Continental Grand Prix 4000 S Tire
Since tires are the tread of a bicycle, they might have more impact on our ride than any other single component. Anyone who has ridden heavy training tires and has then swapped them out for lightweight racing tires has this sensation lodged in their memory. The training tires glued the bike to the road and made you feel inexorably slow. Racing tires add more than just zip, but a sensation of zinging along. Great tires aren't just icing on the cake of ride sensation, but much of the sensation itself.
The set of Continental Grand Prix 4000s tires we discuss in this review came with the Mavic R-Sys wheelset we tested earlier in the season. We transitioned into the GP4000s/R-Sys setup by riding a week on the R-Sys wheels with our training tires before switching to the GP4000s to try to isolate the wheel qualities from the tires.
The 4000s is the jewel of the Continental clincher line. It's made in black tread with black sidewalls and a folding Aramid bead, weighing in at 205g on Conti's spec sheet and 206g on our scale.
Our first impression was no surprise: They ride beautifully. Zippy, with an easy roll up to speed and no sensation of the tread adhering to the ground. We liked the ride, felt they handled well on turns and at speed, and after two-and-a-half months of regular riding, there's plenty of tread left on the tires.
Conti has a following for their smooth-rolling, easy-on easy-off Grand Prix tires. They're a joy to install and remove; no tools necessary for those with decent hand strength. If you own Mavic rims, the tire can quickly go on and off the rim without tools and won't blow off at any pressure. The reason for this is that both Continental and Mavic make their product to the middle of the "standard" 700c size range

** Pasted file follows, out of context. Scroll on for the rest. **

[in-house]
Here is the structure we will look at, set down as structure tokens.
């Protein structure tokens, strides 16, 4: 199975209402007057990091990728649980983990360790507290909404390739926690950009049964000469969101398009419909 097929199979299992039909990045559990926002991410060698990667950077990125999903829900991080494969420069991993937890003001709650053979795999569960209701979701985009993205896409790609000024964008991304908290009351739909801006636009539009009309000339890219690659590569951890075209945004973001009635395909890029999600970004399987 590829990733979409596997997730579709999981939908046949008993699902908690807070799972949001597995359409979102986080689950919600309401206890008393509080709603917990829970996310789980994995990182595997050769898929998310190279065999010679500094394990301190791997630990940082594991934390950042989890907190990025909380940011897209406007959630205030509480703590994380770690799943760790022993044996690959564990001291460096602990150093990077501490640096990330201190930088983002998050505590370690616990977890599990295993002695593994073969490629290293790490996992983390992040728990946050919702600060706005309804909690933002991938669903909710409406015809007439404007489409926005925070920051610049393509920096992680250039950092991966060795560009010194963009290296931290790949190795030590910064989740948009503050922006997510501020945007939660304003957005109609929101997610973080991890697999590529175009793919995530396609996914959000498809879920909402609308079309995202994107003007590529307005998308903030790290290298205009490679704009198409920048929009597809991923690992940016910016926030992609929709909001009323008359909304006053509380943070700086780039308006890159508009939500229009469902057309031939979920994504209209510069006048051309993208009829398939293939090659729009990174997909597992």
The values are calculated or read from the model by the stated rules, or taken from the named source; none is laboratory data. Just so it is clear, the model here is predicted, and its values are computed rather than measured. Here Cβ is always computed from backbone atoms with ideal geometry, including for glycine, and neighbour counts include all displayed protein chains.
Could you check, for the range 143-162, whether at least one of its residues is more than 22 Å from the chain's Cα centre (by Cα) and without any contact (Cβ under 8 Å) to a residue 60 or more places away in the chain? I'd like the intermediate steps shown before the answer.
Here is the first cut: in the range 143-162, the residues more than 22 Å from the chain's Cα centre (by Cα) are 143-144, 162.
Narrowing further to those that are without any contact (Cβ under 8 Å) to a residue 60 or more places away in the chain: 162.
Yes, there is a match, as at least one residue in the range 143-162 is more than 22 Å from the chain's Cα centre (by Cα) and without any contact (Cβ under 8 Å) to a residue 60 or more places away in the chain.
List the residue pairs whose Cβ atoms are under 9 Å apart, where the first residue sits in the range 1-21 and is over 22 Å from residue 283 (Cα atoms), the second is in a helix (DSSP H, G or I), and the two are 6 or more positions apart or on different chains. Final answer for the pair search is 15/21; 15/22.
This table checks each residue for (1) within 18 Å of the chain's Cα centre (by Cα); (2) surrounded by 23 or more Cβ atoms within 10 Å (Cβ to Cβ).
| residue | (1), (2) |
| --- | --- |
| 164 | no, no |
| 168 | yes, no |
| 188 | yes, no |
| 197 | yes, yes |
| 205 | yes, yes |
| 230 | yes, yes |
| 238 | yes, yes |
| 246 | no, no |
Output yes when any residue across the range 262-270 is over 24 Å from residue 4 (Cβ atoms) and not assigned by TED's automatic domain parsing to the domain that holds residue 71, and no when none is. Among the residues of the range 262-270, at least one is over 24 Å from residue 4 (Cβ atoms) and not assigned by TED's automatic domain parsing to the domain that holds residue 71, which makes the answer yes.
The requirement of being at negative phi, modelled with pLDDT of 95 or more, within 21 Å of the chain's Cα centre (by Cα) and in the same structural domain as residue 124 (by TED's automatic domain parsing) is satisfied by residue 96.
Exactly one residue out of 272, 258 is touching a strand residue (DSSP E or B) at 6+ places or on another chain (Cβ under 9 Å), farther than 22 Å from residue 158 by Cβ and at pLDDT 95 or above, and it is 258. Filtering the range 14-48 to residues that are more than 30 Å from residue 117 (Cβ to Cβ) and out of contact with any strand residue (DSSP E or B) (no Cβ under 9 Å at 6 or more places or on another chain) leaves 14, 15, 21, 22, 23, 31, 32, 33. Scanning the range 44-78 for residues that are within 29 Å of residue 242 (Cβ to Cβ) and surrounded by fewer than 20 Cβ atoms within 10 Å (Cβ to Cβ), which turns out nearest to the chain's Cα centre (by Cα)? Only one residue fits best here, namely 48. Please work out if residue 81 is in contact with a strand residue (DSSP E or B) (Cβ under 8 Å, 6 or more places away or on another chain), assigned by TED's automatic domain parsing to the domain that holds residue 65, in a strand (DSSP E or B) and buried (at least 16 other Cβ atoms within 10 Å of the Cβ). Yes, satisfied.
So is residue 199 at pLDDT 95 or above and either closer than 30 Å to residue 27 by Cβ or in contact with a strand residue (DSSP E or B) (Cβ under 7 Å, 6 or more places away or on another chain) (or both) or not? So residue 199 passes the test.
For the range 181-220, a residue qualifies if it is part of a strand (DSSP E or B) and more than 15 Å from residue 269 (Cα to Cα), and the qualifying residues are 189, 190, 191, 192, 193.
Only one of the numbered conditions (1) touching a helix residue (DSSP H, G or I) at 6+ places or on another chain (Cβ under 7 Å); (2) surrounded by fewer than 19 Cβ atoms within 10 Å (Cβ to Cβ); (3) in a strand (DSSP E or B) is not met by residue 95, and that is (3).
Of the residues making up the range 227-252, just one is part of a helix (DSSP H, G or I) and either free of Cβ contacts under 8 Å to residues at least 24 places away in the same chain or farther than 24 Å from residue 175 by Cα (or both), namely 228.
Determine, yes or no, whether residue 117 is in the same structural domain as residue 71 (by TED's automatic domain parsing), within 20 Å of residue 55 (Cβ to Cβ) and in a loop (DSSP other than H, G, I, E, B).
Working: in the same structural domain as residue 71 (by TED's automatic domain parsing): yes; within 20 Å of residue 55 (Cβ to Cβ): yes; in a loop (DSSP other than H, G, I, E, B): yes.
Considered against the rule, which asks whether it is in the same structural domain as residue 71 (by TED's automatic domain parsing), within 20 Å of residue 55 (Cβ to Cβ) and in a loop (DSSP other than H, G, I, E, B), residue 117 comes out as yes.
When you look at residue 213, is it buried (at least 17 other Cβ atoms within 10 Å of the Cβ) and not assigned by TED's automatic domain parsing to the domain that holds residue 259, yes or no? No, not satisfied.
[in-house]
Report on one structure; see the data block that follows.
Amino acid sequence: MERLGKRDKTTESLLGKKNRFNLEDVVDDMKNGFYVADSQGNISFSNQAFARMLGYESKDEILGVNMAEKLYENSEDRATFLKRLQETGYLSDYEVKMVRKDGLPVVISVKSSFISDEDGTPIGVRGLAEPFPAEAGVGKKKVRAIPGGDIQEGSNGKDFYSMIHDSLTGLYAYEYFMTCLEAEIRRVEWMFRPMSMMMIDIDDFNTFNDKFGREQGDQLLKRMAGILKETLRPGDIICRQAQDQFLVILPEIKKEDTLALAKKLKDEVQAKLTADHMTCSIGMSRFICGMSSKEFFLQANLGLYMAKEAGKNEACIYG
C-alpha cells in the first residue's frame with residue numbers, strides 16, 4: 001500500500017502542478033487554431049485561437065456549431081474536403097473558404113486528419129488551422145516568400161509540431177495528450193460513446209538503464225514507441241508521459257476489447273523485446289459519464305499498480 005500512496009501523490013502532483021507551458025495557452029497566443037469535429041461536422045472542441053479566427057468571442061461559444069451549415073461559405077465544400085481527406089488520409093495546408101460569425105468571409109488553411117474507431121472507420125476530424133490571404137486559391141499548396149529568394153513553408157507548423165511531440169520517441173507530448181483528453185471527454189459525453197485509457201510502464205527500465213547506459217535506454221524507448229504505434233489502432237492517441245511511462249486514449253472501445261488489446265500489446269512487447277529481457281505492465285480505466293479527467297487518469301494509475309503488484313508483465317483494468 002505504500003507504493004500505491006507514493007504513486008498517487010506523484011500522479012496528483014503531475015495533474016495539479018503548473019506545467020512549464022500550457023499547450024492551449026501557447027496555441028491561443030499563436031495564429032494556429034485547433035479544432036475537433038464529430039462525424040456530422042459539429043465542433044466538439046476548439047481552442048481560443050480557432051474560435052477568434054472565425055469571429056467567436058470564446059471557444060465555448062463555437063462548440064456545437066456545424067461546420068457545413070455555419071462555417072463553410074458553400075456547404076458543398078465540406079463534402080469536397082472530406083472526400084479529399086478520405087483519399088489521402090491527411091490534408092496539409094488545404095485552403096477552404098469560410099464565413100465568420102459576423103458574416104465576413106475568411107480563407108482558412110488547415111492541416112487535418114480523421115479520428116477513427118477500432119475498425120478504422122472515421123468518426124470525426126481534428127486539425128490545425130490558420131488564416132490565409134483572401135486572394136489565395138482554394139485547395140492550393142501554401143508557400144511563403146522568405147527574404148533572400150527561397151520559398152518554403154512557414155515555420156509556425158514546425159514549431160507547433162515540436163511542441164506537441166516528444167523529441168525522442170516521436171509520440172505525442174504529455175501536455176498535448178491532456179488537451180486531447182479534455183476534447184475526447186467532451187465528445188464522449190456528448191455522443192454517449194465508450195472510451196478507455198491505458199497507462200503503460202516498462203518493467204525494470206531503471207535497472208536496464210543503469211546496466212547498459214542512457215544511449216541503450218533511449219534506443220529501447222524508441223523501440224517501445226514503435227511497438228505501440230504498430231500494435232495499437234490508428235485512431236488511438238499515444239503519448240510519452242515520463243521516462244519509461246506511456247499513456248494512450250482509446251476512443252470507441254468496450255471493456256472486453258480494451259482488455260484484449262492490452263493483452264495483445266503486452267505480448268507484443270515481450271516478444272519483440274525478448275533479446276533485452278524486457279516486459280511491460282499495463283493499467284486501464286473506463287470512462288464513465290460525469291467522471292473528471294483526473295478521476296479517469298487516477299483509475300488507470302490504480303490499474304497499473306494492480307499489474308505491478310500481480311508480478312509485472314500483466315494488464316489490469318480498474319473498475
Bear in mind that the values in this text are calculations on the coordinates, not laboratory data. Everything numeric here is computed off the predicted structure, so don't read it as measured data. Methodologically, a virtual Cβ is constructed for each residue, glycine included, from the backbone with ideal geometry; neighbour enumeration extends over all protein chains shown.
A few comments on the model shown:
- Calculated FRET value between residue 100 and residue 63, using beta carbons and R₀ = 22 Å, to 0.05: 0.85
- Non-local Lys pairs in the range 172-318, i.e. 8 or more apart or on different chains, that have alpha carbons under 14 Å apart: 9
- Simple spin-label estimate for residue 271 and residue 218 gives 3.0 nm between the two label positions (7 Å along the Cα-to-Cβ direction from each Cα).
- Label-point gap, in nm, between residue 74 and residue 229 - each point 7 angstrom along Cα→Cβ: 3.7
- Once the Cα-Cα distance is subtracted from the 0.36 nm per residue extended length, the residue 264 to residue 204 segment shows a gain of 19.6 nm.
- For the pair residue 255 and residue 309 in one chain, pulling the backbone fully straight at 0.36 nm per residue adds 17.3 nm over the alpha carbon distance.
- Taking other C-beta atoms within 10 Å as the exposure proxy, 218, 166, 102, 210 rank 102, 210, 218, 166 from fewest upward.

The drawback of early Grand Prix iterations (we're thinking mid-1990's here) was always the sidewalls. The walls would often get destroyed before the tread was rolled off the casing. Continental was aware of this, and, over the years has changed their casing and worked on various sidewall solutions, and what you get with the 4000s is the fruits of Conti's labors. These sidewalls are a far cry from what we experienced a Grand Prix generations back.
As geeked-out as we like to get, it's hard to quantify the most important performance features of a tire: Rolling resistance and tire adhesion. We can notice gross changes, like from a training tire to a race tire, but from one race tire to another is hard and we don't have the means to do a real test of either. We contemplated riding rollers at specific tire pressures and power ranges to see if we could record a noticeable difference in speed, but decided we weren't in control of enough variables to make such a home test worthwhile. It is equally hard to figure out how well a tire grips because of the wide variables encountered on the road. We have a decent sense of how far we can go, but then the days when it feels like we're over the edge could be as a result of different tire pressure, or greater humidity, or a little gravel on the road.
We're always looking for the perfect tire. We want a light tire that has low rolling resistance, grips great, resists cuts well, lasts forever, feels good and is easy to get on and off without tools. And we want it cheap. Not that we're demanding. Everything to the limit. Unfortunately, few parts can be made with everything dialed to 11, and it's probably impossible with tires, even if price were no object. Compromises have to be made with all tires. A number of tire companies use a graphic where they create a geometric shape based on their different tire qualities and then skew the shape depending on how they have designed the tire. Continental has three qualities on their shape and claims that they try to aim for the middle. Their three things are Abrasion, Rolling Resistance, and Grip. Others add casing, pressure, bead, and more to their shape, but Conti likes to keep it simple. This effort of aiming for the middle means they'll probably never have the lightest, or most flat-proof, or lowest rolling resistance, or highest grip tire, but they'll have a tire that does everything admirably well.